What Ki also brings is stability to a side. For example, in the Europa League game against FC Petrolul Ploiesti in Romania last week, Swansea midfielder Jonathan De Guzman was non-existent in the centre of the park and another midfielder Leon Britton was sent off. Thus the introduction of Ki was a positive one as he set up Lamah for the goal but more importantly the midfield immediately looked stronger and stopped some of the attacks coming through the middle of the park. Many Swans fans noted this on social media and couldn't understand why he didn't play a larger part in the game or even start.

WAW: Our central midfield is void of any real creativity or attacking intent - is Ki someone who could inject this into our side?

Jules: It will be interesting to see what position he starts in. I would like to see him play in a more attacking role as he definitely has goals in him. If Sunderland are lacking a certain amount of creativity then it makes sense why they have signed him. He is able to pass accurately at length which will bode well for your strikers and wingers. At one stage last season, he had the best pass completion ratio of any Swansea City player and third best in Europe, so he has quality. I hope for Sunderland fans, his shooting skills are encouraged, as this didn't seem to be the case at the Liberty Stadium

WAW: Would you be concerned about losing Ki on a more permanent basis?

Jules: In one word - Yes! I think a lot of Swansea fans will follow his progress this season to see how he compares to last year. Most Swans fans would agree he probably has around 6 goals a season in him, but it really does depend what position he is utilised in. Before Ki, the height of our midfield was relatively short, so to have someone taller added an advantage to our aerials duels.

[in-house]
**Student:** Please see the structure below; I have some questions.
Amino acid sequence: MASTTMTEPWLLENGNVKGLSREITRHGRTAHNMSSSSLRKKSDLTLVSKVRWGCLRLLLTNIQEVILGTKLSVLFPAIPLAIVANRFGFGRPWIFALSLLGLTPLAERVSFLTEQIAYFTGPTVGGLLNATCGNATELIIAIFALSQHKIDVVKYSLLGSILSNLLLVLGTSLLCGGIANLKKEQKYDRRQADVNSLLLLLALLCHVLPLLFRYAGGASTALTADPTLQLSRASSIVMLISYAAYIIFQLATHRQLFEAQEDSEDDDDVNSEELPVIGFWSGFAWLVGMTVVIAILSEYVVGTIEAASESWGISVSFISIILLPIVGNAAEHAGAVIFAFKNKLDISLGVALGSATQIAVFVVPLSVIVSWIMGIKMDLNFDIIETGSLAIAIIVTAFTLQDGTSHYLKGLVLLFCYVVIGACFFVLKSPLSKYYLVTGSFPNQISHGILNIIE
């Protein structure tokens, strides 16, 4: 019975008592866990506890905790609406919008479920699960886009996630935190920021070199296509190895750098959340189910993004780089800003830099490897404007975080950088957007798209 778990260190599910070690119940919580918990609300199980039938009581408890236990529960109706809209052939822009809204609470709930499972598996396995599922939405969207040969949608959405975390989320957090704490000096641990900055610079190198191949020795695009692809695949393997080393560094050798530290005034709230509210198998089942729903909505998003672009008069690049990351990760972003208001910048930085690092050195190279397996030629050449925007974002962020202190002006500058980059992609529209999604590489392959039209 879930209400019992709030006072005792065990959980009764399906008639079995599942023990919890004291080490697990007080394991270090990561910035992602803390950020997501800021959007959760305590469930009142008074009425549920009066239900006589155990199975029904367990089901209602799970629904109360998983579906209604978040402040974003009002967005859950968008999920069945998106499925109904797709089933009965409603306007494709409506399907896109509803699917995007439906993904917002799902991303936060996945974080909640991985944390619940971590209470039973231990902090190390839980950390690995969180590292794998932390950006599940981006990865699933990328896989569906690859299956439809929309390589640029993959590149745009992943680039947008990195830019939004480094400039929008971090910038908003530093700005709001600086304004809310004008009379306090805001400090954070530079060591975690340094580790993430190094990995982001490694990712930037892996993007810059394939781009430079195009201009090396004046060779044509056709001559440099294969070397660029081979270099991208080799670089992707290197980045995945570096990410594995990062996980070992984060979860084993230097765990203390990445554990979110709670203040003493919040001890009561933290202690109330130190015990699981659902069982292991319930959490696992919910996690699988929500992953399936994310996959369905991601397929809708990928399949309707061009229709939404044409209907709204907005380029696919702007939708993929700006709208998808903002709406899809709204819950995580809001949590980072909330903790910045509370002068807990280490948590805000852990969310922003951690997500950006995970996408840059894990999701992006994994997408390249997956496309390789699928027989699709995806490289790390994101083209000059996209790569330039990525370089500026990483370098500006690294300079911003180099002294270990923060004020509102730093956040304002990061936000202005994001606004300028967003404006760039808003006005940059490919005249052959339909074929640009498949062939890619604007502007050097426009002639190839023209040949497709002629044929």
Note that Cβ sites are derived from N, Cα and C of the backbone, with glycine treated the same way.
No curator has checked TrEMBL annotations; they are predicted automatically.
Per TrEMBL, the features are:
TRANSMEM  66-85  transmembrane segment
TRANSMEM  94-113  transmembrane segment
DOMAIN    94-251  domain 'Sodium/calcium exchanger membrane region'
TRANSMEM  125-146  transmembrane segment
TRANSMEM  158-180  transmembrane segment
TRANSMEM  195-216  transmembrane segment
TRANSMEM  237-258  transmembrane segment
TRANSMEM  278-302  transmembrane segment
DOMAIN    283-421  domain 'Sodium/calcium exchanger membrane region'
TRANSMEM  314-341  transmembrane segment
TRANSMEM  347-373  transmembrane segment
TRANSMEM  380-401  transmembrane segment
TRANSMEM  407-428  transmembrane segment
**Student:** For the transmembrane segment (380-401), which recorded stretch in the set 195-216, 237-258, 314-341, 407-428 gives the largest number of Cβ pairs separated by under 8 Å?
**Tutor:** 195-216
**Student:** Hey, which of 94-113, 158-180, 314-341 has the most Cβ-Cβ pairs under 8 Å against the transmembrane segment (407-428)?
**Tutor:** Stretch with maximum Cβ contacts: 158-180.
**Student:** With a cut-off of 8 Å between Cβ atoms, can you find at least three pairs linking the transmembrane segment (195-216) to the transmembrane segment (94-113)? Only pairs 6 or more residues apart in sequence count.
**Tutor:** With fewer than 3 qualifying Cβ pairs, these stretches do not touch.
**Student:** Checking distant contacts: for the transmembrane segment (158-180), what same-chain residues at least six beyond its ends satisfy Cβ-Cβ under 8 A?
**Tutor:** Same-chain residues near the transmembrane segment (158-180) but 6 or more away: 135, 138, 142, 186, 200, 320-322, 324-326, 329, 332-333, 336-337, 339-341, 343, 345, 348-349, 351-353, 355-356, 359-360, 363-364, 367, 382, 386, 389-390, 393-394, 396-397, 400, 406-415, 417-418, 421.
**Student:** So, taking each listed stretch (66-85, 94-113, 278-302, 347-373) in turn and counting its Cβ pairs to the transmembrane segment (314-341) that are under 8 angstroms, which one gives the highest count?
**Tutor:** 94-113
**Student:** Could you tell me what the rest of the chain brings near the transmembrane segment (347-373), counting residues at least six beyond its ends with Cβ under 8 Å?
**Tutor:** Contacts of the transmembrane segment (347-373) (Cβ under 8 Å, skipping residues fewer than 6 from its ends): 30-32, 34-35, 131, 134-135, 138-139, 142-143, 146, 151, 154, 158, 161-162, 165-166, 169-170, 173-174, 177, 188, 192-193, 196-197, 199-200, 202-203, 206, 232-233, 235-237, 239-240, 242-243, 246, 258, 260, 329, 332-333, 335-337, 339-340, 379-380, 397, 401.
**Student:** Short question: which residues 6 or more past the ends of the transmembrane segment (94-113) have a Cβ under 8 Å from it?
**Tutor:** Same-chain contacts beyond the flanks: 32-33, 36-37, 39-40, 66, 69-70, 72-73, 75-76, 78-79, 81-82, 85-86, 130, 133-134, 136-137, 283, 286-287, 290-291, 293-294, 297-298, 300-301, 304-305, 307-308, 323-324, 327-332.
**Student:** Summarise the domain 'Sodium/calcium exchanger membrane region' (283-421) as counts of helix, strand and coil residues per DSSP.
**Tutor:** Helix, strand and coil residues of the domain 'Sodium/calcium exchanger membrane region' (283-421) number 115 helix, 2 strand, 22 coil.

WAW: Finally, do you think this is a good signing for Sunderland?

Jules: Sunderland have signed a well-respected, skillful and industrial player who has played many times for his National Team. I believe many Swans fans would like him to return whether he has a successful season at the Stadium of Light or not. Whilst this was a transfer nobody expected by both sets of fans, Ki should become an asset to Sunderland on the pitch and off it commercially.

Let's put it this way...he won't be another 'Danny Graham' signing for you!


I am surely we are breathing an enormous sigh of relief after that last point!

So as far as a midfield partnership is concerned, Ki and Cabral seem a match made in heaven – and perhaps they are. However, purely judging on PDC’s team selections so far this season, I am sceptical that this glaring opportunity will be overlooked.

Okay so let’s say Ki is the exact player we are missing in midfield and let’s also presume that Cabral resumes his place in the side to partner him – what difference would this make to our performances on the pitch?

Central midfield is such a huge area in modern football and the cornerstone of a good team. If your midfield struggles physically and struggles to force any creative influence – you lose to Fulham and Crystal Palace. In fact the only reason we did not lose to lower league opposition MK Dons is due to the quality around centre mid and nothing to do with the area itself. It is an area you simply cannot afford to be your weak link if you are to make any positive impression on the Premier League table. With a good central midfield, it brings the whole team together and enhances the potency of all attacking players.

There is one area of the squad I can confidently say we don’t lack top quality in and that is up front, providing Jozy Altidore and Steven Fletcher remain fit that is. These two are very technically gifted and are so versatile it should be relatively simple to create chances for them. Ki in midfield should allow us to finally follow suit with the teams who regularly occupy the top 10 spots in the league and take defences apart through the middle. We should have the capability to attack from all angles, with massive variation and unpredictability to the extent that most teams will find it difficult to cope with us. There are goals in this team, no doubt about that – the chances need to be created. Ki could be the man with to unlock the hidden attacking prowess that we need to get some points on this board and finally start enjoying watching Sunderland again.

If Ki is not the answer, and we sign nobody else – we will be facing yet another relegation battle…if we are too arrogant to admit that we already are.